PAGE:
18 May | Posted by Lenka Laskova | no comments |
I remember how much I wanted that dog.
When I was a little girl, I would watch ‘Lady and the Tramp’ over and over again and spend hours daydreaming about having a buff female Cocker Spaniel. I guess that was how I transformed the longing for a sibling I never had – someone who would share the room with me and help defuse the tension an only child is often exposed to – the moments when there’s no one you can play with, accompanied by the feeling of growing restlessness. In moments like that, in my mind, I’d set up a scenery of a farm in Italy, where I’d keep dogs of different breeds.
She arrived at our house much later – years after I was old enough to iron my own clothes; and she did change our lives for the better. Moreover, she helped me lose that feeling of loneliness and transformed my daily routine in such a way that, by taking care of her, I started to understand the concept of responsibility. She colored the weary stripes of the time passing by and made the day itself feel more fulfilling.
Apparently, it’s not only me who felt this way.
Scientific studies have confirmed that pets are good for our health – they keep us cheerful and fit, and can even help speed up the recovery process after major illnesses.
1. Petting reduces stress
Not only that petting and grooming can be comforting for your pet, but it can also be comforting for you – the soft fur texture under your fingers, the warmth that radiates from both of you once you’ve connected. As oxytocin – the hormone related to reducing stress and anxiety – is being released, the blood pressure and cortisol – the stress hormone – levels go down. The smiling or laughter pets often trigger raises your serotonin and dopamine levels, which are associated with calmness and happiness.
2. Pets help in therapy of heart conditions and allergies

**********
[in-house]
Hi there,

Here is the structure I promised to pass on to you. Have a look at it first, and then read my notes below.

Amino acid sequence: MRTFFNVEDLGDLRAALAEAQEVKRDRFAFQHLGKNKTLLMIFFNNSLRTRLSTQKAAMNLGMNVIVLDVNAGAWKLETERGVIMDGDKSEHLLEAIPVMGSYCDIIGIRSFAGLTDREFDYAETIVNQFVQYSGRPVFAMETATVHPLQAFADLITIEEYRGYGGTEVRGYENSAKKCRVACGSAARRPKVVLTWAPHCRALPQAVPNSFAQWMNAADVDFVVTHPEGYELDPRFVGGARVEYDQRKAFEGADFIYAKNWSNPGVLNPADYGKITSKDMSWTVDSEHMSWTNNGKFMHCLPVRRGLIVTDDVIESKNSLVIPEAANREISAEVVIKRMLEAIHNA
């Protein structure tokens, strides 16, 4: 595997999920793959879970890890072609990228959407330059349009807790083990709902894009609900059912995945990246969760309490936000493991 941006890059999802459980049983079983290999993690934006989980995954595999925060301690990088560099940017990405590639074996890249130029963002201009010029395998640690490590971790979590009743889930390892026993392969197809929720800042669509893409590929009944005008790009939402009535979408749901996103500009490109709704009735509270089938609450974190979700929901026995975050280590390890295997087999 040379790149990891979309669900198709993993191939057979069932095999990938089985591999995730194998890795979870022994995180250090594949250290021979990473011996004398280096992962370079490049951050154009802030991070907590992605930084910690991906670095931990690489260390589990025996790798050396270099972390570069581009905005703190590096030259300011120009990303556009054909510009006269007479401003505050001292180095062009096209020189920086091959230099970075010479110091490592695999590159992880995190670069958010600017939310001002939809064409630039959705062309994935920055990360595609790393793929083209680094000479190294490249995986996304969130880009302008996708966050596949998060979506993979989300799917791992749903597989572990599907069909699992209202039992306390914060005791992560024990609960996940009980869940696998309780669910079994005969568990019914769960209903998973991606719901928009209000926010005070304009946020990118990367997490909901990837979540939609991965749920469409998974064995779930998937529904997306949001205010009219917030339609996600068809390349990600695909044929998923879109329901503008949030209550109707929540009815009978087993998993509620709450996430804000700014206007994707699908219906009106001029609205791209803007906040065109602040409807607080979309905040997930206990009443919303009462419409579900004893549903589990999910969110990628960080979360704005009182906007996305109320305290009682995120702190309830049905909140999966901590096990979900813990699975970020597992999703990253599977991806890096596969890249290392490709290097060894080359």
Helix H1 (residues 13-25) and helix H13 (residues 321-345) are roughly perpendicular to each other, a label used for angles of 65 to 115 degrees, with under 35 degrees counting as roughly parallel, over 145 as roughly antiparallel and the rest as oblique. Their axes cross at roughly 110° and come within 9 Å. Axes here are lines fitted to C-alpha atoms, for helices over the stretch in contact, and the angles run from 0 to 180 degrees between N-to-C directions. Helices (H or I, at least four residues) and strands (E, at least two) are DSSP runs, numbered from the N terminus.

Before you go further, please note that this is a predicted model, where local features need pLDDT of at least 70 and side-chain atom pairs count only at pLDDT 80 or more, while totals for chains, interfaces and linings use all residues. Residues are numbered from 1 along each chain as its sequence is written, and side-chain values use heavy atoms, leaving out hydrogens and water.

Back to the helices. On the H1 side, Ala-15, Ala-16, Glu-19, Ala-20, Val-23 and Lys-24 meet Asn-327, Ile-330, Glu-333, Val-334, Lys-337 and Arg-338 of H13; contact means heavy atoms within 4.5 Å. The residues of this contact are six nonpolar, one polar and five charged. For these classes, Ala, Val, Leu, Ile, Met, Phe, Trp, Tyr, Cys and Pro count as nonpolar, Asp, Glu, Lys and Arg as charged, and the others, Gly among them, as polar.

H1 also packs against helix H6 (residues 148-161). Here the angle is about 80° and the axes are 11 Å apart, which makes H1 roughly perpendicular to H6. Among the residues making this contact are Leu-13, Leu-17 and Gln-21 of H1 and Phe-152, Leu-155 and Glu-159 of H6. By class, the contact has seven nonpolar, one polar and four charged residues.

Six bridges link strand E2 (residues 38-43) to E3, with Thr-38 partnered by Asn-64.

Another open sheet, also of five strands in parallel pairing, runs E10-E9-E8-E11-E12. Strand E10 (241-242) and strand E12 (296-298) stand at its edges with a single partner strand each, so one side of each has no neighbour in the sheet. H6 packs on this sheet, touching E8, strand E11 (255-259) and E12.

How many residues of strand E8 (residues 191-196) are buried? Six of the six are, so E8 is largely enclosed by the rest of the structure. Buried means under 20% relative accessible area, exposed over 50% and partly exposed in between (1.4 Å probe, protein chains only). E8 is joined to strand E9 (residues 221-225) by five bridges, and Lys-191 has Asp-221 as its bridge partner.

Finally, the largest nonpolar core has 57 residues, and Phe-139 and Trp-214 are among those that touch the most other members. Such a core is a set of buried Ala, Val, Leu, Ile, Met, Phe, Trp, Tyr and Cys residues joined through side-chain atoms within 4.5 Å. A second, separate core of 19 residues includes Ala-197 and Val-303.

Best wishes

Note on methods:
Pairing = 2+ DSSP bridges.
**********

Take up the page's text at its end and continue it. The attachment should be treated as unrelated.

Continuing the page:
Research has shown that living with pets provides certain health benefits. Pets help lower blood pressure and lessen anxiety. When a dog lives inside the home, the children are less likely to show evidence of pet allergies, such as eczema or itching — 19% vs. 33%. It turns out that pets help boost the immune system.
Keeping a pet – particularly a dog – can help lower the risk of heart disease. People with pets and cardiovascular disease are more likely to survive heart attacks.
3. Pets can make you more sociable
Going out for walks, chats with other dog owners, meeting other people, your petless friends that like animals, pet owner gatherings… It can be a lot of a fun!
It can even help you get dates.
4. Pets can bring educational benefits
Apart from the fun associated with pets, they can also bring educational benefits. Taking care of a pet teaches a child about responsibilities, commitment, patience and mutual trust. By feeding the pet, children develop an understanding of daily care. The presence of pets helps increase the attention span of children, which helps them study more effectively.
Pets are often very intuitive and seek for ways to cheer you up when you’re feeling down, but it is important to bear in mind that pets should not be used to fill temporary emotional voids. Pets require commitment and it would be unfair to push them aside once you feel better. Make sure you can provide care and love to your pet before taking him home.